Ukraine Will Turn Yanukovych Case Over To The Hague

February 26, 2014

The whereabouts of Ukraine’s ousted President Viktor Yanukovych remain unkown, but the country’s opposition-led Parliament says any war crimes prosecution of the former leader would come in The Hague’s International Criminal Court.

The opposition, which took control after Yanukovych fled the capital, has not yet formed a government. But its leaders have said they want to ensure the former president and other officials are held accountable for the deaths of protesters during months of demonstrations.

NPR’s Peter Kenyon reports for our Newscast unit from Kiev:

“The resolution represents an effort to grant the international criminal court in the Hague jurisdiction over the deaths of protesters in Kiev’s Independence Square. The Health Ministry says 88 people were killed. Yanukovych remains at large, last seen in the pro-Russian Crimean peninsula.

“The new government remains unformed, meanwhile, with an economic crisis looming. Calls for an urgent donor’s conference are getting positive responses, but no date has been announced.

“And tensions with Russia are on the rise. There are growing calls in pro-Russian eastern Ukraine for Moscow to step in and protect Russian citizens in Ukraine, but world leaders, including Russia, continue to call for a unified Ukraine.”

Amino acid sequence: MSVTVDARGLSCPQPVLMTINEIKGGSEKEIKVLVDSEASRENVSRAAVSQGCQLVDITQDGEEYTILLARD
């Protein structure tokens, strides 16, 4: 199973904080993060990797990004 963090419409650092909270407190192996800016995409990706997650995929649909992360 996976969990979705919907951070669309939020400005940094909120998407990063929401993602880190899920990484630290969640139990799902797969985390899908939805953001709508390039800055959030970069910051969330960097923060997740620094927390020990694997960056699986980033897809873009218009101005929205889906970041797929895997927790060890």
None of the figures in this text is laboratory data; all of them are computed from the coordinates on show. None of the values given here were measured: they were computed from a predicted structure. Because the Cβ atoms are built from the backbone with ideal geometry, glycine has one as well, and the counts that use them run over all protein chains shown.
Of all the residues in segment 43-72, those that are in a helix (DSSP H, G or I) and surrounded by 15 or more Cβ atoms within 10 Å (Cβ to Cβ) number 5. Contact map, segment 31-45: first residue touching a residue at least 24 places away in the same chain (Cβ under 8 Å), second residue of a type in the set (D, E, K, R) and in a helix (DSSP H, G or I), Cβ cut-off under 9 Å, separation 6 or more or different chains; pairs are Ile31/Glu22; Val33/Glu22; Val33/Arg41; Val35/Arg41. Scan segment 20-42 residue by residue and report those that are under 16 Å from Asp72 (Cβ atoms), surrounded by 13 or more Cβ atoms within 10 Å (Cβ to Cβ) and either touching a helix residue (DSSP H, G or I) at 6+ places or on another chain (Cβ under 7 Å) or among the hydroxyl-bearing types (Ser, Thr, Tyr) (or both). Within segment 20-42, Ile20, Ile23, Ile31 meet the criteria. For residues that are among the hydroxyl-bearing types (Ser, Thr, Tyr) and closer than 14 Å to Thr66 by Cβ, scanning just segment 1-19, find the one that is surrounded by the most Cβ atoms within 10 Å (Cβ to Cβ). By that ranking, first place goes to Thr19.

In cities in the Crimea, protesters have been chanting “”Russia, save us!” according to the AP. The news agency spoke to construction worker Vyacheslav Tokarev, 39, in Sevastopol.

“Bandits have come to power,” Tokarev said. “I’m ready to take arms to fight the fascists who have seized power in Kiev.”

Crimea was once part of Russia; it became part of Ukraine in 1954. Paul Sonne of The Wall Street Journal says that separatist rhetoric is beginning to spread in eastern Ukraine.

“It’s a really tricky situation here in Crimea,” Sonne tells Melissa Block on Tuesday’s All Things Considered.

He says that with ethnic Russians and people who speak Russian making up around 60 percent of the population, “one of the big scaremongering things that you hear at the rallies here on the streets is, ‘Oh no, what if they bar the Russian language from being spoken?’ ”

Beyond the rhetoric, some people are taking action, Sonne says, noting that hundreds of people are joining militias in the Crimea, prodded by a recruiting call on social media.

As for Yanukovych’s current location, Sonne says, “There’s definitely a lot of joking about it. I don’t know if people have any idea of really where he is. Even the acting interior minister said something along the lines of … ‘If I had a piece of paper for everyone who’s told me where Yanukovych might be, I wouldn’t have any pockets left to put it in.’ ”

But Sonne notes that despite the area’s historic ties to Russia, many in the Crimea were unhappy with Yanukovych during his tenure.

“A lot of people really don’t like Yanukovych for a whole host of reasons,” he says. “Sevastopol and some of the cities here economically are really not doing well, like a lot of the rest of Ukraine. So I don’t know if he would be welcomed with open arms and that they would give him quarter.”

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